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1. Civil contempt

a. Fines

The fine for civil contempt is capped at $500.

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b. Jail

Jail sentences for civil contempt are not limited by the statute. This author is aware of no recent instances in which a reporter went to jail rather than disclose.

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2. Criminal contempt

This author is aware of no recent instances of criminal contempt being used against a reporter for failure to disclose.

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3. Other remedies

In a civil case in which the person refusing to obey the lawful subpoena is a party, they may be assessed costs, including attorney fees, or be limited in the evidence they can present in the case, Rule 37, M.R.Civ.P.

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VIII. Appealing

A. Timing

1. Interlocutory appeals

With a few exceptions, only final judgments and orders can be appealed. Interlocutory orders can be appealed either on stipulation or with the consent of the district court after a motion.

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2. Expedited appeals

There are no procedures for the expedited appeals of these issues, which decision would lie completely in the discretion of the Montana Supreme Court.

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B. Procedure

1. To whom is the appeal made?

Appeals from courts of limited jurisdiction, e.g. justice or municipal courts, or from administrative agencies, are to district court. All appeals from district courts must be to the Montana Supreme Court.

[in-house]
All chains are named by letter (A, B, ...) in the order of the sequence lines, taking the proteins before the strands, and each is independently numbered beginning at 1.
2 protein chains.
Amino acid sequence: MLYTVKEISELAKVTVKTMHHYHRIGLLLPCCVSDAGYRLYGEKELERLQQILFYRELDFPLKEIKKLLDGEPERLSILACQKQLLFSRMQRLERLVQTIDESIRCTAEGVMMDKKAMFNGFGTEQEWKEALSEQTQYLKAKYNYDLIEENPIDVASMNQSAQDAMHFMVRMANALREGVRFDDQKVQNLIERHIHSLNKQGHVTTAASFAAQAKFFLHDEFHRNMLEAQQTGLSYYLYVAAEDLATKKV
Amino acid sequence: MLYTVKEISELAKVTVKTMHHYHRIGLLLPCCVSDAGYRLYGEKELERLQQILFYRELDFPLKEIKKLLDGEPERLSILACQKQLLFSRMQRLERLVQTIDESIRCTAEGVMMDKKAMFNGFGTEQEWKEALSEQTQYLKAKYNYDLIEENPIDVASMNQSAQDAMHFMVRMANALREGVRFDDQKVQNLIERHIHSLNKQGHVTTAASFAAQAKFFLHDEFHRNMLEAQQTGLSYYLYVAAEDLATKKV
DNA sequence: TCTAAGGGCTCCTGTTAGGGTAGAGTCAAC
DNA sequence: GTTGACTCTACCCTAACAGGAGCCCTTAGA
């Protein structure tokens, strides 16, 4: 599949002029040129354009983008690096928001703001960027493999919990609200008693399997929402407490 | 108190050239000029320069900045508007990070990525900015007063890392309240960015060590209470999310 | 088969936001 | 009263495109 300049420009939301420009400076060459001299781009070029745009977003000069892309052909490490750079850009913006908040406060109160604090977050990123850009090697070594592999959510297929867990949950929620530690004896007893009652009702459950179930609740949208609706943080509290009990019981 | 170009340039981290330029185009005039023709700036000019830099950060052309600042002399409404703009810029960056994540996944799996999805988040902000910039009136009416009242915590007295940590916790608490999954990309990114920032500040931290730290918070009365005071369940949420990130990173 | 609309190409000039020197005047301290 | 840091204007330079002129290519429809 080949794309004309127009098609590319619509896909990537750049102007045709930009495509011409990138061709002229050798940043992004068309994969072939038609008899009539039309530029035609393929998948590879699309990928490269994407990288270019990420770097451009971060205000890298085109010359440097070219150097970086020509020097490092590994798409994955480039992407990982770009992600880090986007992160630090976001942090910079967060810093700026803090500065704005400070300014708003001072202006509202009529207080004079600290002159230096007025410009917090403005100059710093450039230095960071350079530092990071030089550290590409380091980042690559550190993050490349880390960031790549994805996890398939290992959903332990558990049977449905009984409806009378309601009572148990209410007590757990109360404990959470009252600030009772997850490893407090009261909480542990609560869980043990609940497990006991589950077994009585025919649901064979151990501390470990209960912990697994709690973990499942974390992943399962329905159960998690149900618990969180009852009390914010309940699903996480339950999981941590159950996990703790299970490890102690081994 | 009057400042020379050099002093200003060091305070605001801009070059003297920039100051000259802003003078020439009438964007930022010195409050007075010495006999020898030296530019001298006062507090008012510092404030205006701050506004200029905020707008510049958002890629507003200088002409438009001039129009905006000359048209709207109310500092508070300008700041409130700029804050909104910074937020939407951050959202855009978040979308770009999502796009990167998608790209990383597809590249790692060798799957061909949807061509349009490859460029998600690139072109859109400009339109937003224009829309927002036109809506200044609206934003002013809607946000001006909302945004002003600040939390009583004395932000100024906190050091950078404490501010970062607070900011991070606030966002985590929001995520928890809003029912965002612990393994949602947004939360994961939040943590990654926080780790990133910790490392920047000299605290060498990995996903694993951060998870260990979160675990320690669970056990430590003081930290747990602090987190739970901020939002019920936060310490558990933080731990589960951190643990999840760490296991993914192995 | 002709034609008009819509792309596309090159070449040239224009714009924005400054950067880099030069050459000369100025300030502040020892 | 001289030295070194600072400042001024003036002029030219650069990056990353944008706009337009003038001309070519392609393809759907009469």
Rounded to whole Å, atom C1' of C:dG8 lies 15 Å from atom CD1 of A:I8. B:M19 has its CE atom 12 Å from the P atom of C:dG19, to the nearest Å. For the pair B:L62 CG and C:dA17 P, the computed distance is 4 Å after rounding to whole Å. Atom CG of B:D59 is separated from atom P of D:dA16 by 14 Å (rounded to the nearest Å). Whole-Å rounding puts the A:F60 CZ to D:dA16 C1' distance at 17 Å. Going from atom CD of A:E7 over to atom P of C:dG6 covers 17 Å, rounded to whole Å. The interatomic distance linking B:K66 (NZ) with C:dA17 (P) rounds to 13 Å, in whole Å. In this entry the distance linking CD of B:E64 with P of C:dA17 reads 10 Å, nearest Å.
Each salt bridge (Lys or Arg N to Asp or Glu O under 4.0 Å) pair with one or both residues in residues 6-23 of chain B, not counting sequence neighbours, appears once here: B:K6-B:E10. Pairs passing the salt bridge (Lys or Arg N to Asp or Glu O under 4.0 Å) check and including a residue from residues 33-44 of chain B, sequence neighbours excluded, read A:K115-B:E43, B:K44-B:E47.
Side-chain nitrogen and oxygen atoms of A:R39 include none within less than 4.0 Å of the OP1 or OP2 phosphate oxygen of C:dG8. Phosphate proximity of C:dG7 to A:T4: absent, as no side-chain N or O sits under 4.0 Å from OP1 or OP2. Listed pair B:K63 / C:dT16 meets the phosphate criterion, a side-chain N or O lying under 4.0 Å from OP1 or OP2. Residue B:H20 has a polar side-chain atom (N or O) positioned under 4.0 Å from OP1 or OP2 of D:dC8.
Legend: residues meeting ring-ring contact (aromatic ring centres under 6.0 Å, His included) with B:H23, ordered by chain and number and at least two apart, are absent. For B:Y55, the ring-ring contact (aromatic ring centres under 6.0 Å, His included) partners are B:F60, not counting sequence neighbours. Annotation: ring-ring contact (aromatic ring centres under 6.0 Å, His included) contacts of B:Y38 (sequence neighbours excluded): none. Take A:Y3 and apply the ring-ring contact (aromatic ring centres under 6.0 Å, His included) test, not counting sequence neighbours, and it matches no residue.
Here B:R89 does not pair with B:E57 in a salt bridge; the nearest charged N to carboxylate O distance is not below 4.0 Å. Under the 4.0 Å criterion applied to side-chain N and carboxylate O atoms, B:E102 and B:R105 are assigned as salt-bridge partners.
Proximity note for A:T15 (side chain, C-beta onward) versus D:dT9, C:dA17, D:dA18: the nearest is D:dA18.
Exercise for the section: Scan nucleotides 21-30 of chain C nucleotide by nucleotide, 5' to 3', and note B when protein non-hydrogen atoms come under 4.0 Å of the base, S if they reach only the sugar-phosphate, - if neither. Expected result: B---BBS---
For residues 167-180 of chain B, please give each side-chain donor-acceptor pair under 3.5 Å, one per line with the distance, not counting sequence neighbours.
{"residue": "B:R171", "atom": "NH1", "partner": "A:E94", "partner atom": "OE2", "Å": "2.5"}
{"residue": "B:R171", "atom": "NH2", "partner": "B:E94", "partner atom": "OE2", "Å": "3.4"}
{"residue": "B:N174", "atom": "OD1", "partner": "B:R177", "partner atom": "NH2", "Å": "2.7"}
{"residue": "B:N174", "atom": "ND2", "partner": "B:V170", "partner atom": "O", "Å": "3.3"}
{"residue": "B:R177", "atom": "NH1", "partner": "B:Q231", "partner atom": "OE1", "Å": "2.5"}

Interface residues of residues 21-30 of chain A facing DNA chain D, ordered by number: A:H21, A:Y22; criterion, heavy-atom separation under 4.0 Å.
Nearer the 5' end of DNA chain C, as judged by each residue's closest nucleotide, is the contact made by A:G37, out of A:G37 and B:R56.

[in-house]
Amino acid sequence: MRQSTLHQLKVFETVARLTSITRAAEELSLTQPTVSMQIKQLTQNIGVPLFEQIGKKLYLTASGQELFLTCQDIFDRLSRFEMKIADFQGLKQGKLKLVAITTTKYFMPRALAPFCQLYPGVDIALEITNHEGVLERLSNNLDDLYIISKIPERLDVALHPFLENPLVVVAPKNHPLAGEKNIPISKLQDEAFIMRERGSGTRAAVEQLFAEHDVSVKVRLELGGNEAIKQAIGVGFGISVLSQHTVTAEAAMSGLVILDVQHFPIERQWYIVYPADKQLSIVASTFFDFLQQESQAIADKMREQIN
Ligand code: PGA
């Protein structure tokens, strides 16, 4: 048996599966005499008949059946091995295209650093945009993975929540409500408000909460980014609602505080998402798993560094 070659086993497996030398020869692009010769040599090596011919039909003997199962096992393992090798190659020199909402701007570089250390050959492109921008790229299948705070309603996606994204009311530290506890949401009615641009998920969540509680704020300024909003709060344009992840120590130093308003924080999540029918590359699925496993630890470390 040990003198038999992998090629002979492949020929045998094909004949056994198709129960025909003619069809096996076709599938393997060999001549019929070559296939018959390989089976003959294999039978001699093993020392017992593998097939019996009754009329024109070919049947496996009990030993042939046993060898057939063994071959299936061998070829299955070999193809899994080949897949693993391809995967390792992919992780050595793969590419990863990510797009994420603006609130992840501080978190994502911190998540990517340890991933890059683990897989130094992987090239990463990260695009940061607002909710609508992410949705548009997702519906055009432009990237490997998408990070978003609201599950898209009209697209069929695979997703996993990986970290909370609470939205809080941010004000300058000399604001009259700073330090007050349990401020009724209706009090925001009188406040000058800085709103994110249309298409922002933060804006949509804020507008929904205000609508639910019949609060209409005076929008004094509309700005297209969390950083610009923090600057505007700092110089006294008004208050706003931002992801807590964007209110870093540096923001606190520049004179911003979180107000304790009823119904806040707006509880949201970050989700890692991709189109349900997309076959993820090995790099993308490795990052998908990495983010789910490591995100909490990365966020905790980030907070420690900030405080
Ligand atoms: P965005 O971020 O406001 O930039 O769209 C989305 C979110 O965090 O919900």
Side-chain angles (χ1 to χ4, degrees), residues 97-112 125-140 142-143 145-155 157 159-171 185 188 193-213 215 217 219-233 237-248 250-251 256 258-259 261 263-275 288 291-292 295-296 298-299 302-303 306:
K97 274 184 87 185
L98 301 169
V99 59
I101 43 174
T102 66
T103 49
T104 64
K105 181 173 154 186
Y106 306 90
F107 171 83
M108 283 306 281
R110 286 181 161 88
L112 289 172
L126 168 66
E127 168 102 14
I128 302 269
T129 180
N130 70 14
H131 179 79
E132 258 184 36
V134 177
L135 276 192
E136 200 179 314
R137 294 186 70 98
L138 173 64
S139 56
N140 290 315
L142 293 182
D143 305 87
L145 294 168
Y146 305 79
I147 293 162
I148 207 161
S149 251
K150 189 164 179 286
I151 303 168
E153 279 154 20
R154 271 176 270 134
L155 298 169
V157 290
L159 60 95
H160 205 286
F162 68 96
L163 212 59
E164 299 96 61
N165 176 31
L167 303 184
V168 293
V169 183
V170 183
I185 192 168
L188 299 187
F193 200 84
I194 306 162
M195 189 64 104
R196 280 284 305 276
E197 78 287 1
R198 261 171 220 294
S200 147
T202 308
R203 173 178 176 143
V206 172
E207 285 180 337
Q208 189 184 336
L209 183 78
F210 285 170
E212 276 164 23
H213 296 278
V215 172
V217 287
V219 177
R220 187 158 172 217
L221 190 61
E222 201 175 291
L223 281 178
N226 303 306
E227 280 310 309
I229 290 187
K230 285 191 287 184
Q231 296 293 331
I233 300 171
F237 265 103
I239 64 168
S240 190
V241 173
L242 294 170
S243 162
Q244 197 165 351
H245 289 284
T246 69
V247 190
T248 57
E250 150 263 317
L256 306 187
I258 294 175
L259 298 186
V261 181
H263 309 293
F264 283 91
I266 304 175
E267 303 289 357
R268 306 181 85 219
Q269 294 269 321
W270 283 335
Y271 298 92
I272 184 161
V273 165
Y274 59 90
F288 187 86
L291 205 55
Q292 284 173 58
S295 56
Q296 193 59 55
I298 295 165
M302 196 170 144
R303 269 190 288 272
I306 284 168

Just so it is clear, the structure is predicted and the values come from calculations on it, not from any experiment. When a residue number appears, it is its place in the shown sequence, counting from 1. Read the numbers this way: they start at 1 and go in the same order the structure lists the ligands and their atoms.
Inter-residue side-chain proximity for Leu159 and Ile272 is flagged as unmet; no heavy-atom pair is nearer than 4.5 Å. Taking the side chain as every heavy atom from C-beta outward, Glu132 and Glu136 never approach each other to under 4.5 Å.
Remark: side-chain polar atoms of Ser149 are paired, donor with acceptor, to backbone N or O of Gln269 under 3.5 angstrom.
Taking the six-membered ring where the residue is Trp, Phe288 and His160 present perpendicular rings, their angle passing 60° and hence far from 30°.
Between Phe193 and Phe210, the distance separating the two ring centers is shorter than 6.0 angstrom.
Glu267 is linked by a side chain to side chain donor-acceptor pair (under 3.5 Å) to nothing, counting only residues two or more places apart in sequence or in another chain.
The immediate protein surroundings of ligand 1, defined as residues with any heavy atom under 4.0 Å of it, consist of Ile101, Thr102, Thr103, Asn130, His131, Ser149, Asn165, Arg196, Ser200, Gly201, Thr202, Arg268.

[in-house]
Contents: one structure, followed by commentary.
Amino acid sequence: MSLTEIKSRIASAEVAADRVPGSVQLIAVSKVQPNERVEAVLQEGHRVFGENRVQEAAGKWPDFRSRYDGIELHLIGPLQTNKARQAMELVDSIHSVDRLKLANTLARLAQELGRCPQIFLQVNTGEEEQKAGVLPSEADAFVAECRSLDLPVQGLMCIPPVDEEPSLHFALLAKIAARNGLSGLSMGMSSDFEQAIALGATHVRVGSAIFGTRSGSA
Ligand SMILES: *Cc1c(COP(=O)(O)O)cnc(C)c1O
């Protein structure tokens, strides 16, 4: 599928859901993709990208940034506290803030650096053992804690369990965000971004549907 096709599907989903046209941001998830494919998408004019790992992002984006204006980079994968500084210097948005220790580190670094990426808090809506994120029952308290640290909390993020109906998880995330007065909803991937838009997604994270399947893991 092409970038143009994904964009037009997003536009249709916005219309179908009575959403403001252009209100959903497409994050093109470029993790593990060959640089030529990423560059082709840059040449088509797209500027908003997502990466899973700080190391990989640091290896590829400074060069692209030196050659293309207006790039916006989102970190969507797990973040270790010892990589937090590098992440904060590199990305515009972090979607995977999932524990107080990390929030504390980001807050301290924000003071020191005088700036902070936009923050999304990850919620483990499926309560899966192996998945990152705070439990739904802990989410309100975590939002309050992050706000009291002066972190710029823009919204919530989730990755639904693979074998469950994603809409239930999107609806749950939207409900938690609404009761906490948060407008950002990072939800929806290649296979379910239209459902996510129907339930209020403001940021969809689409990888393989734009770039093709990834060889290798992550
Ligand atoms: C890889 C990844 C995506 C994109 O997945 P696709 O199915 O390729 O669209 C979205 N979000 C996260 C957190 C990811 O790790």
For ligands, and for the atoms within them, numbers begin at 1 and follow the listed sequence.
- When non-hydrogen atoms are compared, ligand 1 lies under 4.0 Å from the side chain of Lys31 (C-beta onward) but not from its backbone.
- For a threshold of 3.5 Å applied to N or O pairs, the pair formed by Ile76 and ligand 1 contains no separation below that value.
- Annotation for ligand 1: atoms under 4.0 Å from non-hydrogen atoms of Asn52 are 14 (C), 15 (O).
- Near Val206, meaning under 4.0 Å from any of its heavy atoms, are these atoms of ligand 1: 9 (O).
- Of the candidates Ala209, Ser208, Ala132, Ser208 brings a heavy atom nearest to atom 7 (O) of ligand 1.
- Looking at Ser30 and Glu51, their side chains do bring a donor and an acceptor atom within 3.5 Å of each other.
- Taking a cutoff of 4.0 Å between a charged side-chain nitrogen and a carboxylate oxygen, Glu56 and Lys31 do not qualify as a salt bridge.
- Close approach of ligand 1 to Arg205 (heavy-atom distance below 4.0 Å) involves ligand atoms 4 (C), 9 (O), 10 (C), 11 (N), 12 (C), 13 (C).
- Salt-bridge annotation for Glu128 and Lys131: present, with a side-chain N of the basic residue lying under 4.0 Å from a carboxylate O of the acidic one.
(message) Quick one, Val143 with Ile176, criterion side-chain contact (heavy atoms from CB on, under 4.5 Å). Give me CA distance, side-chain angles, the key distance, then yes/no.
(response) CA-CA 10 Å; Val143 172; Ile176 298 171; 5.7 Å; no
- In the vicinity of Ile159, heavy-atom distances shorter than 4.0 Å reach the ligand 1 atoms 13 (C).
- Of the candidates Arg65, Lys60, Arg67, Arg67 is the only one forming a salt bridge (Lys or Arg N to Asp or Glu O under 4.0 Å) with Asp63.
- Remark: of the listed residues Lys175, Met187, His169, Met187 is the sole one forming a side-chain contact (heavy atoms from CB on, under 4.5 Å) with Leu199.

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2. Stays pending appeal

Requests for stay should be addressed to the court that issued the order being appealed. If a constitutional right is alleged, that argument should be made.

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3. Nature of appeal

Extraordinary writs such as mandamus require that there is no adequate remedy through an ordinary appeal under law.

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4. Standard of review

Appellate courts give great deference to findings of fact, only overturning them if they are not supported by substantial evidence. Concerning legal conclusions the standard of review is de novo.

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5. Addressing mootness questions

Montana recognizes the doctrine of "capable of repetition but evading review" in allowing appeals.

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6. Relief

An appellate court could either dissolve the contempt citation, or order the trial court to reconsider it. A reporter should ask for the maximum relief.

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IX. Other issues

A. Newsroom searches

Montana has no statutory equivalent to the federal Privacy Protection Act, though it has strong privacy protections in its constitution at Article II, § 10. There has not been litigation on this precise issue.

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B. Separation orders

The author is unaware of any cases where separation orders have been an issue.

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C. Third-party subpoenas

In 2015, the Montana Legislature amended the law to explicitly extend the protection of the Media Confidentiality Act to third party entities that store the privileged information. While the issue had never come up before, legislators wanted to be proactive about what they perceived to be a “loophole” in the current law which would, in theory, allow someone to subpoena a third party such as Google or Yahoo in order to get otherwise privileged information. Montana courts have not addressed a media interest in fighting third party subpoenas.

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D. The source's rights and interests

The author is unaware of any interventions or lawsuits by sources.